Smart implant will help broken vertebra
Wednesday, July 20, 2005
The first clinical trials of a new and minimally invasive procedure for vertebral fracture reconstruction have recently been started at the Beilinson Hospital in Petah-Tikva. The new method uses a smart implant made of Titanium that is inserted into the spinal cord of the patient using a small tube. The implant, called Bidex, grips a broken vertebra, and creates scaffolding which lifts the vertebra up in order to allow the insertion of a special "glue" which is used to repair the broken vertebra. Until now methods for repairing Crush fractures were the entire vertebra collapses were usually more invasive and since scaffolding was not used, the glue which was employed to mend the Crushed vertebra tended to leak to other areas of the spinal cord. The Bidex implant should be able to prevent this from occurring by containing the glue within the spinal cord itself.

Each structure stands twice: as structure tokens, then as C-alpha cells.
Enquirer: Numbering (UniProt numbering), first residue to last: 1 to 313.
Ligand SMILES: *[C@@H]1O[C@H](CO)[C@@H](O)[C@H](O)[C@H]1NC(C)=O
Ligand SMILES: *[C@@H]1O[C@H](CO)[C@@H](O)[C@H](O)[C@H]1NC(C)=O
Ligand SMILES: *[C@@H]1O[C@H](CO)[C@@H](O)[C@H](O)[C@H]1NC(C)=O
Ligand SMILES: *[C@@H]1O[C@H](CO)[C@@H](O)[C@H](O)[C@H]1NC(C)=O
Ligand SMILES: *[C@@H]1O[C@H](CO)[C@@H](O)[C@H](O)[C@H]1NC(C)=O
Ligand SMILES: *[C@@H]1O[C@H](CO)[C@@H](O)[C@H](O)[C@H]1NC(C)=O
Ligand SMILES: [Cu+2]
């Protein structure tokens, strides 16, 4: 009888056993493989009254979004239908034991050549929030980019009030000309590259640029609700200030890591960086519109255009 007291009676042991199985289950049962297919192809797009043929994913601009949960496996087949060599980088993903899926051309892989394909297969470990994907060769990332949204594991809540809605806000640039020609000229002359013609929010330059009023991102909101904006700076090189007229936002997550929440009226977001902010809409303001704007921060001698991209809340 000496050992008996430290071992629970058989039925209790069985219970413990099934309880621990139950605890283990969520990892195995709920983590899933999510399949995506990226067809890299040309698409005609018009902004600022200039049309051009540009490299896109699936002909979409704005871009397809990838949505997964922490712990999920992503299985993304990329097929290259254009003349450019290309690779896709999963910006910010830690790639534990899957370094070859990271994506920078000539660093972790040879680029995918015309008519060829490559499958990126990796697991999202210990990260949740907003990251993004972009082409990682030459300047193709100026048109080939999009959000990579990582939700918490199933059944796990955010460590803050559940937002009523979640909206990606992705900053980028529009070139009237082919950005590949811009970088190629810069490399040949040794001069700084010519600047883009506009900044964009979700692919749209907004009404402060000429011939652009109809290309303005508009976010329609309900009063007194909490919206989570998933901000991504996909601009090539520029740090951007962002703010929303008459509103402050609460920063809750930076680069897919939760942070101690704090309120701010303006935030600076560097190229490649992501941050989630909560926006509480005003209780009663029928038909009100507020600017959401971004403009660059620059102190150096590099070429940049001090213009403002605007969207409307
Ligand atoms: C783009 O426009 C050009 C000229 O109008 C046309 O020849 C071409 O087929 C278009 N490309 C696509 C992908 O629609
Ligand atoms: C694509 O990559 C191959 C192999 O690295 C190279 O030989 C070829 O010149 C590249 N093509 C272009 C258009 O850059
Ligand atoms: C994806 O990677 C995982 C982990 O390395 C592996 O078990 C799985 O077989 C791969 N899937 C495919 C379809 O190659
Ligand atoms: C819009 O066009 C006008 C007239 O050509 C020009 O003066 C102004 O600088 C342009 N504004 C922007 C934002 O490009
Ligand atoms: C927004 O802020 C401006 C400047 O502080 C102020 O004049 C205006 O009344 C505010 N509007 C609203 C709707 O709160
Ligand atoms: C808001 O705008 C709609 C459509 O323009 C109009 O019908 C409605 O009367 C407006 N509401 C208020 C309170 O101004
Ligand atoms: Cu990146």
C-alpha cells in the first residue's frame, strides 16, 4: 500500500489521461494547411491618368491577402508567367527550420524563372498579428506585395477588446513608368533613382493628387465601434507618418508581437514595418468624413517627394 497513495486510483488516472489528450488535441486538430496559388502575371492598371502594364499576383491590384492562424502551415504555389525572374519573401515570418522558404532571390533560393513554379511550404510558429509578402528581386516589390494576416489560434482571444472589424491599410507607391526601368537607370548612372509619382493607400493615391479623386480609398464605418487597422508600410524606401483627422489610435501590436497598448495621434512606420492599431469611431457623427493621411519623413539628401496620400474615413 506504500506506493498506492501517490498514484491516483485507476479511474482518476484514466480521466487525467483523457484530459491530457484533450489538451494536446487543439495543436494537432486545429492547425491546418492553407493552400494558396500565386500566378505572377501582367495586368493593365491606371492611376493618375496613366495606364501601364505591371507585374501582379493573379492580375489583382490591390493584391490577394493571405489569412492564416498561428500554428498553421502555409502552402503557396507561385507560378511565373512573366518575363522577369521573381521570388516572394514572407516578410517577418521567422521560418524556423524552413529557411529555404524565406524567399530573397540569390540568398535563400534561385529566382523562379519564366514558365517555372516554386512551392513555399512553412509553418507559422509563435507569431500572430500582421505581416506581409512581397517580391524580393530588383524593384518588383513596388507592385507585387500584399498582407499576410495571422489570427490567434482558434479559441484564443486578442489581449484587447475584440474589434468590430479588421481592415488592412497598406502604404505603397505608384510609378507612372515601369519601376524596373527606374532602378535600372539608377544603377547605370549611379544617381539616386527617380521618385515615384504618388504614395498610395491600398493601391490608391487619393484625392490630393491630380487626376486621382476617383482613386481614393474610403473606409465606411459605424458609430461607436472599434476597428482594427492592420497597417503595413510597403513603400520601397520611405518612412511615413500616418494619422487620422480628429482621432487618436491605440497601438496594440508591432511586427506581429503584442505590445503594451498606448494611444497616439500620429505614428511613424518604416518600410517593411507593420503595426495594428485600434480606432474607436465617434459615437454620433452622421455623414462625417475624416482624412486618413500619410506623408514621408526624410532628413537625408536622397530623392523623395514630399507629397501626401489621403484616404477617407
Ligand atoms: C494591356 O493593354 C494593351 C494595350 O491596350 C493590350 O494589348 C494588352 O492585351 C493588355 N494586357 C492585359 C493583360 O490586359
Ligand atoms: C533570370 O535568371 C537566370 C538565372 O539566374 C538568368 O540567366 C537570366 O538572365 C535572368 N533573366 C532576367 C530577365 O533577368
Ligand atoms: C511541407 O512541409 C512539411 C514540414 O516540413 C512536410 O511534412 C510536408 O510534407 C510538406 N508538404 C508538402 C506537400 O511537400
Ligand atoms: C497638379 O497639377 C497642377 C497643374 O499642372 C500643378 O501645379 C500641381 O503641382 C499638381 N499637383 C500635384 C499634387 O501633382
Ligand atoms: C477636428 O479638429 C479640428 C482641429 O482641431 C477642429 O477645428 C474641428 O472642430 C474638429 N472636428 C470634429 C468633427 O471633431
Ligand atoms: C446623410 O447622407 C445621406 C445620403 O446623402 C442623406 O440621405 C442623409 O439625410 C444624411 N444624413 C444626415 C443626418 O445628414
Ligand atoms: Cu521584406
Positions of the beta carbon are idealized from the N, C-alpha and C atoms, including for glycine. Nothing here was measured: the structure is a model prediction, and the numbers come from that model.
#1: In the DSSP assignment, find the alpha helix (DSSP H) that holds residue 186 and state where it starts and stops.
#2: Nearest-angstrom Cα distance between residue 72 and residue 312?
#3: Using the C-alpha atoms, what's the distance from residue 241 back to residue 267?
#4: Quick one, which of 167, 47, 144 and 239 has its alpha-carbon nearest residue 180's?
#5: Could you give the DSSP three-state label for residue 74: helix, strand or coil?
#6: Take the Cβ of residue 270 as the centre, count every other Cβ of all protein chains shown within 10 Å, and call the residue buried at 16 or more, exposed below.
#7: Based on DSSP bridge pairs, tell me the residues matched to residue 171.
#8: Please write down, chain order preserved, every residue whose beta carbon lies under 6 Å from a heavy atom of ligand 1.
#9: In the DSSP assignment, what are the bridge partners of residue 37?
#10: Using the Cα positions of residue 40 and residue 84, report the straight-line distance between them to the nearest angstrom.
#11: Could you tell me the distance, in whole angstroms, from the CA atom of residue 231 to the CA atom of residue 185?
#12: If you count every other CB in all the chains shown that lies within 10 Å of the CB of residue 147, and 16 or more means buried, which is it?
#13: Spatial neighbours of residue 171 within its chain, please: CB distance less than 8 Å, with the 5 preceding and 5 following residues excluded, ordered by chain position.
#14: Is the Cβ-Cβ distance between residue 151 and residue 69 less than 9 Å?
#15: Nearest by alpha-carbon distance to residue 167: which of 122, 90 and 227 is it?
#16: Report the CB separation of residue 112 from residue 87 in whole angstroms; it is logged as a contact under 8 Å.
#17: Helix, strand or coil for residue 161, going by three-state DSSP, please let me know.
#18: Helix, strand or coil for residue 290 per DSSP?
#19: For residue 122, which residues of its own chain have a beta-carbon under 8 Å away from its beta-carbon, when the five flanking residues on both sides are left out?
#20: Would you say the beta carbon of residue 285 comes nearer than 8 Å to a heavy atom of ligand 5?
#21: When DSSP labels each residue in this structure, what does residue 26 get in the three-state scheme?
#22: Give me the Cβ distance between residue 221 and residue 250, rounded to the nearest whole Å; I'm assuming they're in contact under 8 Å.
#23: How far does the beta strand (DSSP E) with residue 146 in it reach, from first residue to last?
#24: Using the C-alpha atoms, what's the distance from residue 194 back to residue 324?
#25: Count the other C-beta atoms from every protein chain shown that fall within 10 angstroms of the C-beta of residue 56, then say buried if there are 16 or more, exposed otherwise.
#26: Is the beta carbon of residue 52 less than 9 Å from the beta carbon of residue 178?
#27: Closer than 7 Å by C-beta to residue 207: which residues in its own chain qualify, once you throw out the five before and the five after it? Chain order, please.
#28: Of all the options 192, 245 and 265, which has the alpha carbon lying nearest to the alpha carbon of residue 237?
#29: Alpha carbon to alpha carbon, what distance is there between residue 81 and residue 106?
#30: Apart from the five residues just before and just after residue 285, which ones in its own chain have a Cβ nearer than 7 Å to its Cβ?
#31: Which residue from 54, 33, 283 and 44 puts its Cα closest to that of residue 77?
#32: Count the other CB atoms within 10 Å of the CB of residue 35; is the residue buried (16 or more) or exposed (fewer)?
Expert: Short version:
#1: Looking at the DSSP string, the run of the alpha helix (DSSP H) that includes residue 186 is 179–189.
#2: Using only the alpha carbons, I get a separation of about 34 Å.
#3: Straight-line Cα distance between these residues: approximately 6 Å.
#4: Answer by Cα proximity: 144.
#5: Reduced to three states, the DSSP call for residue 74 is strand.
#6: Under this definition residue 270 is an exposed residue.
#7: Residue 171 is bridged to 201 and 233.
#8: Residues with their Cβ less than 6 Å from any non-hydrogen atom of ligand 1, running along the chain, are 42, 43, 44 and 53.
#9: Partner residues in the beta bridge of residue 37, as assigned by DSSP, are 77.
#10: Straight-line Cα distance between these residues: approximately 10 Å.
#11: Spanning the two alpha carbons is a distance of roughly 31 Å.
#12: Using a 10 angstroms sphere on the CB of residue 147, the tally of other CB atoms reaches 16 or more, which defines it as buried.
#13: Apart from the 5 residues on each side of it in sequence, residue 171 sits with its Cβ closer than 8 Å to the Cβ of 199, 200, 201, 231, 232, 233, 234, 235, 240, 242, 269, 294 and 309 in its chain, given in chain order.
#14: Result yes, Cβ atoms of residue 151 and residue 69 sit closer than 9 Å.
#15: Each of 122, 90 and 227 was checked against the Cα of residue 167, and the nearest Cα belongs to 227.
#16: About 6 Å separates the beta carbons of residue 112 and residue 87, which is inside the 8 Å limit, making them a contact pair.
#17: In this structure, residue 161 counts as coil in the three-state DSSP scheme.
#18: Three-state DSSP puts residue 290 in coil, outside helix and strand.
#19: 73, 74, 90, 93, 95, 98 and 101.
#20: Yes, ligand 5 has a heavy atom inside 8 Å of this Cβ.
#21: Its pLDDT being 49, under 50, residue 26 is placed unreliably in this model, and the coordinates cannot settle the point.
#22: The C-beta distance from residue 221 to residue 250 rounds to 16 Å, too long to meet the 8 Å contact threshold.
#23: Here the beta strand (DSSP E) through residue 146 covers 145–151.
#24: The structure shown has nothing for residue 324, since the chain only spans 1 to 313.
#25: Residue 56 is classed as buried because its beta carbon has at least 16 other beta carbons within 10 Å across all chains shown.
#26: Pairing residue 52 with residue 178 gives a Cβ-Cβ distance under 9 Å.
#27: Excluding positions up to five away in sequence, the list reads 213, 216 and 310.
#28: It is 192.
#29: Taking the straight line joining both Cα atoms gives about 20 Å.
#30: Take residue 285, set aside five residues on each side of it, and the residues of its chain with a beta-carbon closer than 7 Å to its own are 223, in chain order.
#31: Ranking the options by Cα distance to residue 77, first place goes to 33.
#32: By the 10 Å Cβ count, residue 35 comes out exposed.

The Israeli start-up company Expandis is responsible for the creation of the Bidex implant and has high hopes for its development which could help the almost 700,000 people suffering from Crush fractures. Many of these spinal cord injuries are caused by osteoporosis which weakens the bones and creates severe pain which can disturb the daily routine of patients. The technology could be used in the future in a verity of other fracture treatments such as heap fractures and even certain fractures in the hand.
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